TOP OF THE NINTH: Bailey made a nice play on a high-bouncing comebacker from the Giants’ No. 8 hitter, Brandon Crawford, to get the first out in the ninth and struck out pinch-hitter Tony Abreu with a 97 mph fastball for the second out. Gregor Blanco, who drew the walk in the seventh inning to break up the perfect game, then slapped an easy grounder to Reds third baseman Todd Frazier to complete Bailey’s no-no.
TOP OF THE EIGHTH: Bailey got Hunter Pence to pop up on the infield and Brandon Belt to fly out to right, then Andres Torres lined out to center. The Reds are still up 3-0 heading into the bottom of the eighth.
Bailey, who threw a 115-pitch no-hitter last year against the Pirates, is at 96 pitches with three outs to go.
History may be in the works tonight in Cincinnati.
Reds right-hander Homer Bailey has thrown a no-hitter through seven innings against the defending World Series-champion Giants. Bailey brought a perfect game into the top of the seventh but issued a leadoff walk to Gregor Blanco, who then advanced to second base on a Marco Scutaro groundout. Buster Posey nearly broke up the no-no one batter later when he blooped a ball between second and first base but the Reds’ Joey Votto made a heads-up play and threw to third, catching Blanco off guard on a fielder’s choice. We’ll be tracking this the rest of the way. Cincy is leading San Francisco by a score of 3-0 in the bottom of the seventh.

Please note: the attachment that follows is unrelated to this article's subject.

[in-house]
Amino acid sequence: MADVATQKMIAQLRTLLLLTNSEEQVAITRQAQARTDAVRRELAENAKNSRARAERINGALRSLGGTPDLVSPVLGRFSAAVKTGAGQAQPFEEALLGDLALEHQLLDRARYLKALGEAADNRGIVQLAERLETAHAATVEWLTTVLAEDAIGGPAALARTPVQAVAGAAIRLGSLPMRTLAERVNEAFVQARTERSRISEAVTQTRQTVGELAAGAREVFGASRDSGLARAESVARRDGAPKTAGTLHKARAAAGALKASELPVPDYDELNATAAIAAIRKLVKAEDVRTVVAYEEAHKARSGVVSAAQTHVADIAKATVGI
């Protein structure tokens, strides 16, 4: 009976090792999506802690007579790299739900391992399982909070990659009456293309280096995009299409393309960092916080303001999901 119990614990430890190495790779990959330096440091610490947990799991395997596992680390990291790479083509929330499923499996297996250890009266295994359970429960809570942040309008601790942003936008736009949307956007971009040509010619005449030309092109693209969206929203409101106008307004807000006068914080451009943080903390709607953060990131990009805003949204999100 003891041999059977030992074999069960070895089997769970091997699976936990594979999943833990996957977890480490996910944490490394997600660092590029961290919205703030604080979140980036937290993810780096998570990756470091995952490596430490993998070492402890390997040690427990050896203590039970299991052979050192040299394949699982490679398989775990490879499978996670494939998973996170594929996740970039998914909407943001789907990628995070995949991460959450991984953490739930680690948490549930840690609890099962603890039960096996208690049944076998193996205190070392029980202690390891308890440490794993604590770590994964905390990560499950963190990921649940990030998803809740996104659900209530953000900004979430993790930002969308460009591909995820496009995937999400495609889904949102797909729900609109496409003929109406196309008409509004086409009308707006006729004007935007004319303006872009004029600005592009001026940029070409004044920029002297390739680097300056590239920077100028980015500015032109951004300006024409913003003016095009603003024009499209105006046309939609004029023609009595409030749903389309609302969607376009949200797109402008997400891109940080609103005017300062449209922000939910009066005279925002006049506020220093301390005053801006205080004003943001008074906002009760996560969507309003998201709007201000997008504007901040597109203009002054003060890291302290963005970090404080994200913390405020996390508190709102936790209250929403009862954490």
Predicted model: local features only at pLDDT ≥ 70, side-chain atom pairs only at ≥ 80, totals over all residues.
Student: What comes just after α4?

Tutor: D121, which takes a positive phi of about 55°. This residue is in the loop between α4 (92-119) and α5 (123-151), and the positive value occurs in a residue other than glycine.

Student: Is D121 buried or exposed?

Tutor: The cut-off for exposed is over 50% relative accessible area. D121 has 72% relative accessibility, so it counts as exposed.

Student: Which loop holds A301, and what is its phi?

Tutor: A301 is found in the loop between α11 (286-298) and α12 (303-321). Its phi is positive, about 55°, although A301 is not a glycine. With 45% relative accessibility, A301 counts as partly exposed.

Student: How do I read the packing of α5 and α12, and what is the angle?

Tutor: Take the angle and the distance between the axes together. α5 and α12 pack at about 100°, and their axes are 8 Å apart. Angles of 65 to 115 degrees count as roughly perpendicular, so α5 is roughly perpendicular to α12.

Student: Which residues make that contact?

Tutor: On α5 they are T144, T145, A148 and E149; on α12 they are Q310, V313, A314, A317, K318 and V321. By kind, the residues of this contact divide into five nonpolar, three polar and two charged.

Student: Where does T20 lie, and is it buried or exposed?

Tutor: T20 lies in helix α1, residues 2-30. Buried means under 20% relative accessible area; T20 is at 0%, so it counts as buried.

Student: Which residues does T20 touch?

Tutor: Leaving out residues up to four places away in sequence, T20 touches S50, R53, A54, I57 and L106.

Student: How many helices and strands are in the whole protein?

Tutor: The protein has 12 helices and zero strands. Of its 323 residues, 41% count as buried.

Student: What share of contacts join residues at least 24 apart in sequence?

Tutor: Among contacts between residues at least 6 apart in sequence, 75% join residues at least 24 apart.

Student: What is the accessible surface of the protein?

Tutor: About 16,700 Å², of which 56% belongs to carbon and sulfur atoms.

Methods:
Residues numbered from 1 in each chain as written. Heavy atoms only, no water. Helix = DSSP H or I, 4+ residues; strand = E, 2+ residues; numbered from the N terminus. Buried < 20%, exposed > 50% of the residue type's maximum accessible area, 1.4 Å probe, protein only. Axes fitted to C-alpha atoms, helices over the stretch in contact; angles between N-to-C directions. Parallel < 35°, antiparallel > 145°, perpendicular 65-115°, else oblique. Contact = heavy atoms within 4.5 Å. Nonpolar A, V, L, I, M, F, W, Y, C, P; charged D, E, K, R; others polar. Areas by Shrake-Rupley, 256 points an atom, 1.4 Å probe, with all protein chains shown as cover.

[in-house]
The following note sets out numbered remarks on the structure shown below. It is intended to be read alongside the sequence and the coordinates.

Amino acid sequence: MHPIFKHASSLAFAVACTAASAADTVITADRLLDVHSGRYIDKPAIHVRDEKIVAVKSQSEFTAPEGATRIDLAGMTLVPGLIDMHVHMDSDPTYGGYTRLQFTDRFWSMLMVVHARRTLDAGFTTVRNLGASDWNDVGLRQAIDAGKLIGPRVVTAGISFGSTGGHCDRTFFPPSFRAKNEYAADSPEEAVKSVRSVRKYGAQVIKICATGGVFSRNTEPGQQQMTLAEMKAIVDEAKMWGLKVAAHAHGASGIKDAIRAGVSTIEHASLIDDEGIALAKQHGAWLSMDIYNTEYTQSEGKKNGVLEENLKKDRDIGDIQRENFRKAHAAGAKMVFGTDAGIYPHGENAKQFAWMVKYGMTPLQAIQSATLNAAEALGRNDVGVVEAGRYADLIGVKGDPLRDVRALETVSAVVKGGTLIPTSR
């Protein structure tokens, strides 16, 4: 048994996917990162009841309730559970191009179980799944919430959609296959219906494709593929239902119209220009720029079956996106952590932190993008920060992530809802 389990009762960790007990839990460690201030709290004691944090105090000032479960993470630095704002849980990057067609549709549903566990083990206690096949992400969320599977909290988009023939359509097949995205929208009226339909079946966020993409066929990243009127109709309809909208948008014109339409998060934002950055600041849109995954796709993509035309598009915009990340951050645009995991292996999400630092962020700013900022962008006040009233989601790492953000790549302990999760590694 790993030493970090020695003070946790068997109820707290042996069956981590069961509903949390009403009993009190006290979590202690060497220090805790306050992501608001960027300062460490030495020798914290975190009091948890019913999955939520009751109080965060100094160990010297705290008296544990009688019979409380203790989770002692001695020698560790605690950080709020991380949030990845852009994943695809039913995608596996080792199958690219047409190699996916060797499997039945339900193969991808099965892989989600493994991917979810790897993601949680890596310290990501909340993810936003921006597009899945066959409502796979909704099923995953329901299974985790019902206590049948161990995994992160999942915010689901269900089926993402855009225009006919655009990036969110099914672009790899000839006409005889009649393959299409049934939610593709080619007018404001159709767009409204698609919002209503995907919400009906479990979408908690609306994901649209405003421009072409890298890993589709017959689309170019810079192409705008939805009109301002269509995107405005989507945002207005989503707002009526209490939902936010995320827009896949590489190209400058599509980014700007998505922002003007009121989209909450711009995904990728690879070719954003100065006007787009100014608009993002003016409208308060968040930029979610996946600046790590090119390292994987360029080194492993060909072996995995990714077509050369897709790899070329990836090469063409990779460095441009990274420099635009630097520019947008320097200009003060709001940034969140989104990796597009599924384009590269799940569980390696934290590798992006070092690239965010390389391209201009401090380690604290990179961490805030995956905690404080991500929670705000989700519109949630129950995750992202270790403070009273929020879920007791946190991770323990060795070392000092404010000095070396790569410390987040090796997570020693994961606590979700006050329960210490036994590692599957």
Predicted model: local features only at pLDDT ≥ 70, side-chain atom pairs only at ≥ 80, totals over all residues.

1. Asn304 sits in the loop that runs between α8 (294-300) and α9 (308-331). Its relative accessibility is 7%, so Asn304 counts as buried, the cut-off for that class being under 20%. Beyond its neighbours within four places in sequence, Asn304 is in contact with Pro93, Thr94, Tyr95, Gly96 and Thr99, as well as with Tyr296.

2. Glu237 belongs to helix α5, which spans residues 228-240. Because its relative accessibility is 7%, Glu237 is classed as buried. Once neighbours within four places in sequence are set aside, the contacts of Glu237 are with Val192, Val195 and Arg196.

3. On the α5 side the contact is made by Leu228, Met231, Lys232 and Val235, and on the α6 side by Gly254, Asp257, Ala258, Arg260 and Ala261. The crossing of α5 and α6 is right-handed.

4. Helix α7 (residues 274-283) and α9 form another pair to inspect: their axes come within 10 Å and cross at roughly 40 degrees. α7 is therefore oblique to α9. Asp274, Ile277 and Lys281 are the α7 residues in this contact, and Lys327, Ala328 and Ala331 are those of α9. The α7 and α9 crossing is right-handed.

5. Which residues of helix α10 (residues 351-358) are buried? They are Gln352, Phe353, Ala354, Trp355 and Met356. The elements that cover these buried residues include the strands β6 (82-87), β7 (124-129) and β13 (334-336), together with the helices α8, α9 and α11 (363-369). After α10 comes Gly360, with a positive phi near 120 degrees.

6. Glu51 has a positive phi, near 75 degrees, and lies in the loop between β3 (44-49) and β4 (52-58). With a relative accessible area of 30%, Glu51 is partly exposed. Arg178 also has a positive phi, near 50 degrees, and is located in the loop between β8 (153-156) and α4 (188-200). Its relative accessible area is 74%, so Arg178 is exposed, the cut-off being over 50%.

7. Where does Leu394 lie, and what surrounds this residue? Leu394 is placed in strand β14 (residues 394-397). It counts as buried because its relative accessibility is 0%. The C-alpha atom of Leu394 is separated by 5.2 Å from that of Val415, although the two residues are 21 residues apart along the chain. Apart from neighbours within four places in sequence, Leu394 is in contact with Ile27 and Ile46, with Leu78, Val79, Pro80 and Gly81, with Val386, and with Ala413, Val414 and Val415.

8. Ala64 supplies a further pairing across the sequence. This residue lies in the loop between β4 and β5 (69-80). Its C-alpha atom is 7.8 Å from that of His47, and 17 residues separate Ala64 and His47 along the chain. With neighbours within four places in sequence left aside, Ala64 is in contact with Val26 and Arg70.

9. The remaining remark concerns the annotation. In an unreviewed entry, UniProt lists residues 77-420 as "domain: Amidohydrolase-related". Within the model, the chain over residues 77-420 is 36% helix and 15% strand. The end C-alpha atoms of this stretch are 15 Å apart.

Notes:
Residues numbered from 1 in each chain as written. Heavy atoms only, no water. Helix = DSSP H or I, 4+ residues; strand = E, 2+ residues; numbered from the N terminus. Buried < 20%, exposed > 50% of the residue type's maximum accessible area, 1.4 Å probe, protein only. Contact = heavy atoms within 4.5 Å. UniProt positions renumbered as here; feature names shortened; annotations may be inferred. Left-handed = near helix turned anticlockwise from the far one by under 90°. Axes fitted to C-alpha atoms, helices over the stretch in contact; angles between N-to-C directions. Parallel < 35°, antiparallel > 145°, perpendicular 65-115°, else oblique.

Mets manager Terry Collins said on Wednesday, “It’s unlikely that [Steven Matz] will start the season with us.” The final spot in the Mets’ starting rotation will go to either Zack Wheeler or Seth Lugo, Newsday’s Marc Carig reports.
On Wheeler’s innings limit, assistant GM John Ricco said, “There’s going to be some number but we don’t exactly know what that is.” Wheeler missed the last two seasons after undergoing Tommy John surgery.
Neither Wheeler nor Lugo have had terrific springs as each carries a 5.11 and 5.56 Grapefruit League ERA, respectively. However, Carig notes that Wheeler has impressed simply by appearing healthy and brandishing a fastball that once again sits in the mid- to high-90’s. Lugo, meanwhile, proved crucial to the Mets last year, posting a 2.67 ERA across eight starts and nine relief appearances.
Nick Groke of the Denver Post reports that the Rockies agreed to a $200 million, 30-year lease with the Metropolitan Baseball Stadium District, which is the state division that owns Coors Field. As part of the deal, the Rockies will lease and develop a plot of land south of the stadium, which will cost the team $125 million for 99 years.
As Groke points out, had the Rockies not reached a deal by Thursday, March 30, the lease would have rolled over for five more years.
Rockies owner Dick Monfort issued a statement, saying, “We are proud that Coors Field will continue to be a vital part of a vibrant city, drawing fans from near and far and making our Colorado residents proud.”
The Rockies moved into Coors Field in 1995. It is the National League’s third oldest stadium. In that span of time, the Rockies have made the playoffs three times, the last coming in 2009 when they lost in the NLDS to the Phillies. The Rockies were swept in the 2007 World Series by the Red Sox.